THE MICHIGAN DAILY
i Opening Day Games
ByS The Associated Press
Cincinnati and Washington
headed the National and Ameri-
can League packs respectively to-
day for at least 24 hours by virtue
r of opening day victories in the
only major league games played,
The Senators' glory especially
may be shortlived, however, as all
teams swing into action this after-
Cincinnati tipped Pittsburgh,
4-1, while the power-happy Sena-
tors muscled a 9-2 win over Balti-
Robinson, Pinson Pace Reds
Frank Robinson and young Vada
Pinson scored or drove in all of
the runs to help the Reds to its
victory over the Pirates.
Bob Purkey pitched all the way
for the Reds and allowed the
Pirates only six hits.'
A full house crowd of 32,190 sat
in chilly 50-degree temperature
under leaden skies for the opener.
The victory was the first in an
opening, game for the Reds in five
Robinson had a two-run homer
and drove in another with a single.
Pinson drove in the other tally and
he scored two of the markers.
Kline throttled the Reds with
one hit through the first three
innings before Pinson and Robin-
son went to work on him.
Pedro Ramos pitched in mid-
season style for Washington.
It was a sparkling performance
before Vice-President Nixon and
a crowd of 26,850 who also saw'
Baltimore pull a triple play-the.
first in an opening day in major
league history. The triple" play
came in the fifth inning.
Triandos Ruins Shutout
Ramos, a 23-year-old rubber-
armed right hander, pitched in his
Cuban homeland all winter. He
was deprived of a shutout on
the only really bad ball he
threw. Gus Triandos hammered
that one into the left - center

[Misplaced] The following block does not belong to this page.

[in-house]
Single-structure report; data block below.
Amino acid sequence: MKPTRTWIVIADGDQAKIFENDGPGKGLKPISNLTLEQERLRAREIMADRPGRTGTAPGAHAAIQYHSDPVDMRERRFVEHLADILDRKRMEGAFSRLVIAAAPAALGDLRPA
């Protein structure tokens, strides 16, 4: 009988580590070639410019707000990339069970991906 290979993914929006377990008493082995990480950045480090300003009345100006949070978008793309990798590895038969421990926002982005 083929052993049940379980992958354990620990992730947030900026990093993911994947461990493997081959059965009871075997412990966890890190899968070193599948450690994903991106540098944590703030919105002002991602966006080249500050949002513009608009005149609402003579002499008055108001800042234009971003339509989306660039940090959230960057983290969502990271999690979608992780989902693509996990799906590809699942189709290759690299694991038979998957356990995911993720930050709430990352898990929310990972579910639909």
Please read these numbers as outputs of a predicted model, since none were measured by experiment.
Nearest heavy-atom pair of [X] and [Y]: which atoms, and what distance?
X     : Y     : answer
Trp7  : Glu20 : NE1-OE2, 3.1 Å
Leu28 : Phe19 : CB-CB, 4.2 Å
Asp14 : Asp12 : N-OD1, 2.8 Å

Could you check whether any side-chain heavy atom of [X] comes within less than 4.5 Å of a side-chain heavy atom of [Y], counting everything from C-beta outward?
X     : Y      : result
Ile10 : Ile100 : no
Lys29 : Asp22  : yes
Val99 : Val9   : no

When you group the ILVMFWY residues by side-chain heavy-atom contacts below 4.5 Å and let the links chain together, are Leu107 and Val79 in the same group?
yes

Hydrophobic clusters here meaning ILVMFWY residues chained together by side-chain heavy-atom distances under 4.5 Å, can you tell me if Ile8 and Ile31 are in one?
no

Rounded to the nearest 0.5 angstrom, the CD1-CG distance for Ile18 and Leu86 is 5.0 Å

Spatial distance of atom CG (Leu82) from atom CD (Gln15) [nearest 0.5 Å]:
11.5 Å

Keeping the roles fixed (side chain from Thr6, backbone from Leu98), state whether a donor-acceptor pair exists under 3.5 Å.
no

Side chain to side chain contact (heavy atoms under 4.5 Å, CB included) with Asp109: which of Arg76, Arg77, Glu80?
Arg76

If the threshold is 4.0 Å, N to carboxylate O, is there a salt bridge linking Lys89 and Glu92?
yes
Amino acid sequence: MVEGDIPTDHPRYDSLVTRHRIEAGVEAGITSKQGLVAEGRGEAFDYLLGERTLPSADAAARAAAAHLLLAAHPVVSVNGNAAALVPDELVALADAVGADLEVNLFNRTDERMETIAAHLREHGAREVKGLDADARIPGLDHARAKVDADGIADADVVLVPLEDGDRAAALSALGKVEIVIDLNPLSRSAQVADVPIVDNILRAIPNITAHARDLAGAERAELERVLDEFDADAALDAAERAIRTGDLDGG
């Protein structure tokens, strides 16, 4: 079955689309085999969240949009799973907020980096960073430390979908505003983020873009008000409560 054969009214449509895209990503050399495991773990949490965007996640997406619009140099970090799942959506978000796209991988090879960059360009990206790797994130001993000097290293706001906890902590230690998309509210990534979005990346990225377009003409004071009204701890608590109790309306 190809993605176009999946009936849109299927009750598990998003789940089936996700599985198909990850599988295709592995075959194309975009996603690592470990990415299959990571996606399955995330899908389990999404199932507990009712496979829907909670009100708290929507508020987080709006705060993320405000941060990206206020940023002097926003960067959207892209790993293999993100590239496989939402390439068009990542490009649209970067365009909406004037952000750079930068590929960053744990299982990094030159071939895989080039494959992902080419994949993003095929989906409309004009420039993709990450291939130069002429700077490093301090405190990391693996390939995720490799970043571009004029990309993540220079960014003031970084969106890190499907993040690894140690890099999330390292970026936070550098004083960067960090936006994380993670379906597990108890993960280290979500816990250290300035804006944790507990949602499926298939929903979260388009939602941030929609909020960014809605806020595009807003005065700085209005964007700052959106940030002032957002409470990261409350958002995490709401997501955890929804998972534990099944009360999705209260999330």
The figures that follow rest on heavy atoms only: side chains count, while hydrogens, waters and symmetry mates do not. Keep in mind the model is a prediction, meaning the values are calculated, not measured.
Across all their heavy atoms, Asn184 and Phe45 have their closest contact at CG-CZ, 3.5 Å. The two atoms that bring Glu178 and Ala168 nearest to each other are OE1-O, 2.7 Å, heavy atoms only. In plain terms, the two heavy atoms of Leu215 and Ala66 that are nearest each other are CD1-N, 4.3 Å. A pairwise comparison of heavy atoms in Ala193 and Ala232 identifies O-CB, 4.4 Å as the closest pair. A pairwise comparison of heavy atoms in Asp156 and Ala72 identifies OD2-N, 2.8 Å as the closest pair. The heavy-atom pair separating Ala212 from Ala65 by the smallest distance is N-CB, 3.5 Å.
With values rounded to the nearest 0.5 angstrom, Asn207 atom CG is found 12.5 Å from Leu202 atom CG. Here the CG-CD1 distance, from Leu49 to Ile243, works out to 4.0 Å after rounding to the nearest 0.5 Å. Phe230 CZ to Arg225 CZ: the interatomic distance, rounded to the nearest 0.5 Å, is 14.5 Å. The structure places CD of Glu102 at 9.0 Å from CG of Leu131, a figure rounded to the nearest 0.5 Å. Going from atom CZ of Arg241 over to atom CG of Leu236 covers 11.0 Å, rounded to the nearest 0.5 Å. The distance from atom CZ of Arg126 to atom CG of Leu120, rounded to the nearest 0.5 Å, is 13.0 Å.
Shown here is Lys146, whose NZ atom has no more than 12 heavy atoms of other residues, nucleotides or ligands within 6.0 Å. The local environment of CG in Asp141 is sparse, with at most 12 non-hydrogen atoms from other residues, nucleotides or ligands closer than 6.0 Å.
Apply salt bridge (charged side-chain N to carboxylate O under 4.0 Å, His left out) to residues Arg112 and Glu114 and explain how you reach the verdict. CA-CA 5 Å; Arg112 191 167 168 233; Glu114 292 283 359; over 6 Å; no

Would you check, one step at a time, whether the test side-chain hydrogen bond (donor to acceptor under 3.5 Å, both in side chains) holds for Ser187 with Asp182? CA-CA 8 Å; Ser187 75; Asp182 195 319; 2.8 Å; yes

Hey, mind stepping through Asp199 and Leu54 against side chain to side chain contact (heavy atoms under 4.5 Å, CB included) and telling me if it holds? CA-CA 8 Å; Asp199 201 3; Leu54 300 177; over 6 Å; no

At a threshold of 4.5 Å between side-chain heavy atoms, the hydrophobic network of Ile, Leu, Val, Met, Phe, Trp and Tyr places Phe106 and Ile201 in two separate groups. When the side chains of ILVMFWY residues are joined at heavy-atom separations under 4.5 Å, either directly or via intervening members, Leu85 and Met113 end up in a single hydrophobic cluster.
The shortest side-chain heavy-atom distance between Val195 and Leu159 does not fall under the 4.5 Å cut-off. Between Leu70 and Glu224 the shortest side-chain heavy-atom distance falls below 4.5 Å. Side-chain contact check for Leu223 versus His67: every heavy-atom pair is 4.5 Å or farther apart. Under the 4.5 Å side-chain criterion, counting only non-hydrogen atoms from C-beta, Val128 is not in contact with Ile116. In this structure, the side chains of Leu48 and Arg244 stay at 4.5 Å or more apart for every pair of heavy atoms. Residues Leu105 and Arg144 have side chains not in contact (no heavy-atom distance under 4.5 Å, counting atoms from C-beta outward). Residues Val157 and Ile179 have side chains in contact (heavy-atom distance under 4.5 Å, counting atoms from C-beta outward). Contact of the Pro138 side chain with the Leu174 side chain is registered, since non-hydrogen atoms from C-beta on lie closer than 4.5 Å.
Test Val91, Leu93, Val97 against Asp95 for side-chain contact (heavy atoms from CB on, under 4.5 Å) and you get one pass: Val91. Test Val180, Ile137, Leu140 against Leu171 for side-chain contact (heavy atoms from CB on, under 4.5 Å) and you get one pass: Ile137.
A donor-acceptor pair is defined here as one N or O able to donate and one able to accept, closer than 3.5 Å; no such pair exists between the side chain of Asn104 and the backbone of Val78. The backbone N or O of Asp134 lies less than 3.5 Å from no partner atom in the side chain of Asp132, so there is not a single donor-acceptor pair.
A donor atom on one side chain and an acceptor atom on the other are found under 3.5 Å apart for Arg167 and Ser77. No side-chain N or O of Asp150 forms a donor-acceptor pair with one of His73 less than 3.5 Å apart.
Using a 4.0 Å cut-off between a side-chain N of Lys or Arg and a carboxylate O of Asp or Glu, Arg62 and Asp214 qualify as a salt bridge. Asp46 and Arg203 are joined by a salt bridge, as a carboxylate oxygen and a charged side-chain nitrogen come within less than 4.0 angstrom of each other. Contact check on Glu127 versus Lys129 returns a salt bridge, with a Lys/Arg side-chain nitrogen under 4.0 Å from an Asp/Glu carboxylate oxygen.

bleachers in the last inning, scor-
ing Bob Boyd ahead of him.
Harmon Killebrew, the third
baseman who has had his ups and
downs in Washington's system,
and Reno Bertoia, acquired from
Detroit last winter, homered for
Their drives - which brought
Nixon cheering to his feet - ac-
counted for four runs in a fourth-
inning outbreak that wrapped up
the game for the Senators.
...hits two-run homer
Major League Standings
W L Pet.
Cincinnati ' 1 0 1.000
Milwaukee 0 0 .00
Sanl Francisco 0 0 .000
Los Angeles 0 0 .000
Philadelphia 0 0 .000
Chicago 0 0 .000
St. Louis 0 0 .000
Pittsburgh 0 1 .000
Cincinnati 4, Pittsburgh 1
San Francisco at St. Louis
Milwaukee at Pittsburgh.
Los Angeles at Chicago
Cincinnati at Philadelphia
W L Pct.
Washington 1 0 1.000.
New York 0 0 .000
Cleveland 0 0 .000
Detroit 0 0 .000
Chicago 0 0 .000
Kansas City 0 0 .000
Boston 0 0 .000
Baltimore '0 1 .000
Washington 9, Baltimore 2
Cleveland at Kansas City
Boston at New York
Chicago at Detroit
MONTREAL OP-) - The Mon-
treal Canadiens got off to a good
start in quest of their fourth
straight Stanley Cup champion-
ship last night by cooling off the
red hot Toronto Maple Leafs, 5-3,
in the opener of the National
Hockey League Playoff finals.
Marcel Bonin scored the decid-
ing goal at 11:59 of the third
period. He beat Johnny Bower,
the Maple Leaf goalie, by deflect-
ing Henri Richard's shot.
Dickie Modre insured Montreal's
victory three minutes later by
scoring on passes from Bonin and
The hard-fought game also
marked the 'return of 'Maurice
(Rocket) Richard, the league's
all-time scoring leader. The 37-
year-old right winger made his
first appearance in the Canadiens'
lineup since Jan. 18 when he suf-
fered an ankle fracture.
He, received a standing ovation
from the capacity crowd of more
than 15,000 in his initial turn on
the ice at the seven minute mark
of the opening period.
Henri Richard, the Rocket's
brother, put the Canadiens in
front 36 seconds after the open-
ing face-off. He tipped in Moore's
effort from close-in. The Maple
Leafs tied the score four minutes
later on a breakaway goal by